About this Plan
Centerfire. Radio control sport model.
Quote: "The world's smallest full-house multi. Centerfire, by Don Dewey.
Several years ago I became intrigued with the idea of a truly small, full-house low wing multi and began toying with various design ideas. In December of 1968, RCM presented Jan Sakert's Rimfire (oz4999) a thirty inch span RC aircraft designed to accomodate the ultra small digital proportional systems that were then currently under research and development by several manufacturers.
With the encouragement of the lightweight digital systems, we experimented with various shoulder and low wing designs attempting to eliminate, insofar as aerodynamically possible, many of the problems associated with the small, lightweight models. After building and flying the Rimfire, we decided that it would be necessary to eliminate another 6 ounces from the 28 ounce weight of that model, as well as to provide a semi-symmetrical or symmetrical airfoil in place of the flat bottom section used by Jan Sakert. Both of these objectives were accomplished with the Centerfire since its all up weight, ready-to-fly, was 22 ounces, and it employs a semi-symmetrical airfoil section.
The design is very reminiscent of the Orion (oz927) with the same type of nose configuration and conventional landing gear. Our design was not intended to be aesthetic, but functional, in order to check out some of our own particular ideas concerning the smaller model. A semi-symmetrical airfoil section was used with 0-0 settings. The only drawback to our prototype was a slipping throttle ring on the Cox .049.
The model itself is quite rapid and performs most maneuvers with ease. Its roll rate is extremely fast due to the amount of area used on the strip ailerons and in fact handles very much like its larger counterparts. In the air it appears to be much faster than it actually is due to its relatively small size.
If you are intrigued by the vest-pocket sized aircraft, this model can be built very quickly and with a minimum of expense, and will be a show stopper at your local field due to its performance capabilities.
Detailed construction notes are simply not necessary in this model and we definitely do not recommend it to the beginner but only to the experienced flyer. We would definitely suggest using a Cox TD .051 with, or without, throttle. Although the Cox Medallion will pull the Centerfire through the air at a rather quick pace, vertical maneuvers did suffer from the loss of the slight margin of power the TD .049 or .051 can provide.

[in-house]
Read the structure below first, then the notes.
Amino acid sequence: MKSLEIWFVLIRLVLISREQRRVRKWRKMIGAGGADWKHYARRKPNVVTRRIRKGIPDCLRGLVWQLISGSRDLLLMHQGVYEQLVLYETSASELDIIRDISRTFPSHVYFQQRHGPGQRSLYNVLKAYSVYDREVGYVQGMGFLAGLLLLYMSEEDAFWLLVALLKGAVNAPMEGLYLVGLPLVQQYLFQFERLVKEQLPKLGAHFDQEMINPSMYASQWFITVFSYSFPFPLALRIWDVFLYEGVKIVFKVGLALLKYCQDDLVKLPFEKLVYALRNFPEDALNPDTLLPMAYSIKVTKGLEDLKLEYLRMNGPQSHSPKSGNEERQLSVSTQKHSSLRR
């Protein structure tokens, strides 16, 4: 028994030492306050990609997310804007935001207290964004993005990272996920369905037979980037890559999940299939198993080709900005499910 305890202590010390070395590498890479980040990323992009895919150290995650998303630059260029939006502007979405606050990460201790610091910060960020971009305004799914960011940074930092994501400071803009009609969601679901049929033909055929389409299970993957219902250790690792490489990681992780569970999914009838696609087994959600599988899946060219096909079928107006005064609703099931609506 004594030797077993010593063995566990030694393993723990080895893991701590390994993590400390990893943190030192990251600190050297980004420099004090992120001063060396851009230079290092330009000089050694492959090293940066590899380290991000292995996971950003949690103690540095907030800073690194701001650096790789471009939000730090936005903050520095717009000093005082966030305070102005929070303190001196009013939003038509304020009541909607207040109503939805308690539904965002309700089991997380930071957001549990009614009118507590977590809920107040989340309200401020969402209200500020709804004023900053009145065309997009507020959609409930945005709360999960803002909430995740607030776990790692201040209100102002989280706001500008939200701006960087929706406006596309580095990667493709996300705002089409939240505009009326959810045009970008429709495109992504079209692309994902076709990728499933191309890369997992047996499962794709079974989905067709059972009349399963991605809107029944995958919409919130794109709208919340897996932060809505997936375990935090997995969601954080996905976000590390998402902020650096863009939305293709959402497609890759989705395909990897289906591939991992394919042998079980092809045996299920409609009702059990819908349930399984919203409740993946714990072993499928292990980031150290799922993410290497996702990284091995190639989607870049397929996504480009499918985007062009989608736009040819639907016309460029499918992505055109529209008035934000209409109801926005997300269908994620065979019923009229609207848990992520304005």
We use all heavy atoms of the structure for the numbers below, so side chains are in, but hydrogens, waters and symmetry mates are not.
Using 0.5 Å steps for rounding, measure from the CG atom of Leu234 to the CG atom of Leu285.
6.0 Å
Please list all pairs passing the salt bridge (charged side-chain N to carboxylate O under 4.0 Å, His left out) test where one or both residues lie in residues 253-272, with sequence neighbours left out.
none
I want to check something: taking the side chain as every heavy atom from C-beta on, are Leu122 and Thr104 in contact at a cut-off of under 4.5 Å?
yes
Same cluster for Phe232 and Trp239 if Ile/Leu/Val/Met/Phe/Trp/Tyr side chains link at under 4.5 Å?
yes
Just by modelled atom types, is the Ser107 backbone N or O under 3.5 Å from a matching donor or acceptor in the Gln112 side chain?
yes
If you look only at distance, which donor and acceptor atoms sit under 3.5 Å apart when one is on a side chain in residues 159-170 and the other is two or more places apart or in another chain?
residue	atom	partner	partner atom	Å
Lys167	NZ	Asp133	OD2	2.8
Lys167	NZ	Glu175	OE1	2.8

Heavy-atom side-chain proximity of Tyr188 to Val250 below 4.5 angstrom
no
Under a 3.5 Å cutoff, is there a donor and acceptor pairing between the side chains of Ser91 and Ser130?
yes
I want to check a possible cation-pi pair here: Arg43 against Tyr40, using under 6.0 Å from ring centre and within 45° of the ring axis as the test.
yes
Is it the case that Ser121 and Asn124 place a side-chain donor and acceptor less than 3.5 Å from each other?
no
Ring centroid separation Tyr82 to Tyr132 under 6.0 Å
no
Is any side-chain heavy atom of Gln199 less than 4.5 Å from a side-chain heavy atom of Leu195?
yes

An added advantage to the small lightweight model is its ability to withstand rough treatment - it is very much like throwing a feather against a brick wall - the feather sustains little or no damage due to its own light weight.
The fuselage sides are constructed of 1/16 balsa with 1/16 vertical grain doublers from the nose to the trailing edge of the wing. The firewall is 1/8 ply and the two bulkheads are 1/16 plywood. The top block is a sheet of soft 1/4 balsa while the bottom planking is crossed grained 1/16 balsa sheet. 1/16 plywood is used to sheet the bottom of the fuselage forward of the wing. Tail surfaces are constructed from 1/8 soft sheet..."
Direct submission to Outerzone.
Supplementary file notes
Did we get something wrong with these details about this plan (especially the datafile)?
That happens sometimes. You can help us fix it.
Add a correction
Do you have a photo you'd like to submit for this page? Then email email@example.com
User commentsNo comments yet for this plan. Got something to say about this one?
Add a comment
* Credit field
The Credit field in the Outerzone database is designed to recognise and credit the hard work done in scanning and digitally cleaning these vintage and old timer model aircraft plans to get them into a usable format. Currently, it is also used to credit people simply for uploading the plan to a forum on the internet. Which is not quite the same thing. This will change soon. Probably.
This model plan (like all plans on Outerzone) is supposedly scaled correctly and supposedly will print out nicely at the right size. But that doesn't always happen. If you are about to start building a model plane using this free plan, you are strongly advised to check the scaling very, very carefully before cutting any balsa wood.
© Outerzone, 2011-2022.
All content is free to download for personal use.
For non-personal use and/or publication: plans, photos, excerpts, links etc may be used, provided that full and clear credit is given to Outerzone with appropriate and specific direction to the original content i.e. a direct hyperlink back to the Outerzone source page.
Unauthorized use and/or duplication of this material without express and written permission from this site's owner is strictly prohibited. If we discover that content is being stolen, we will consider filing a formal DMCA notice.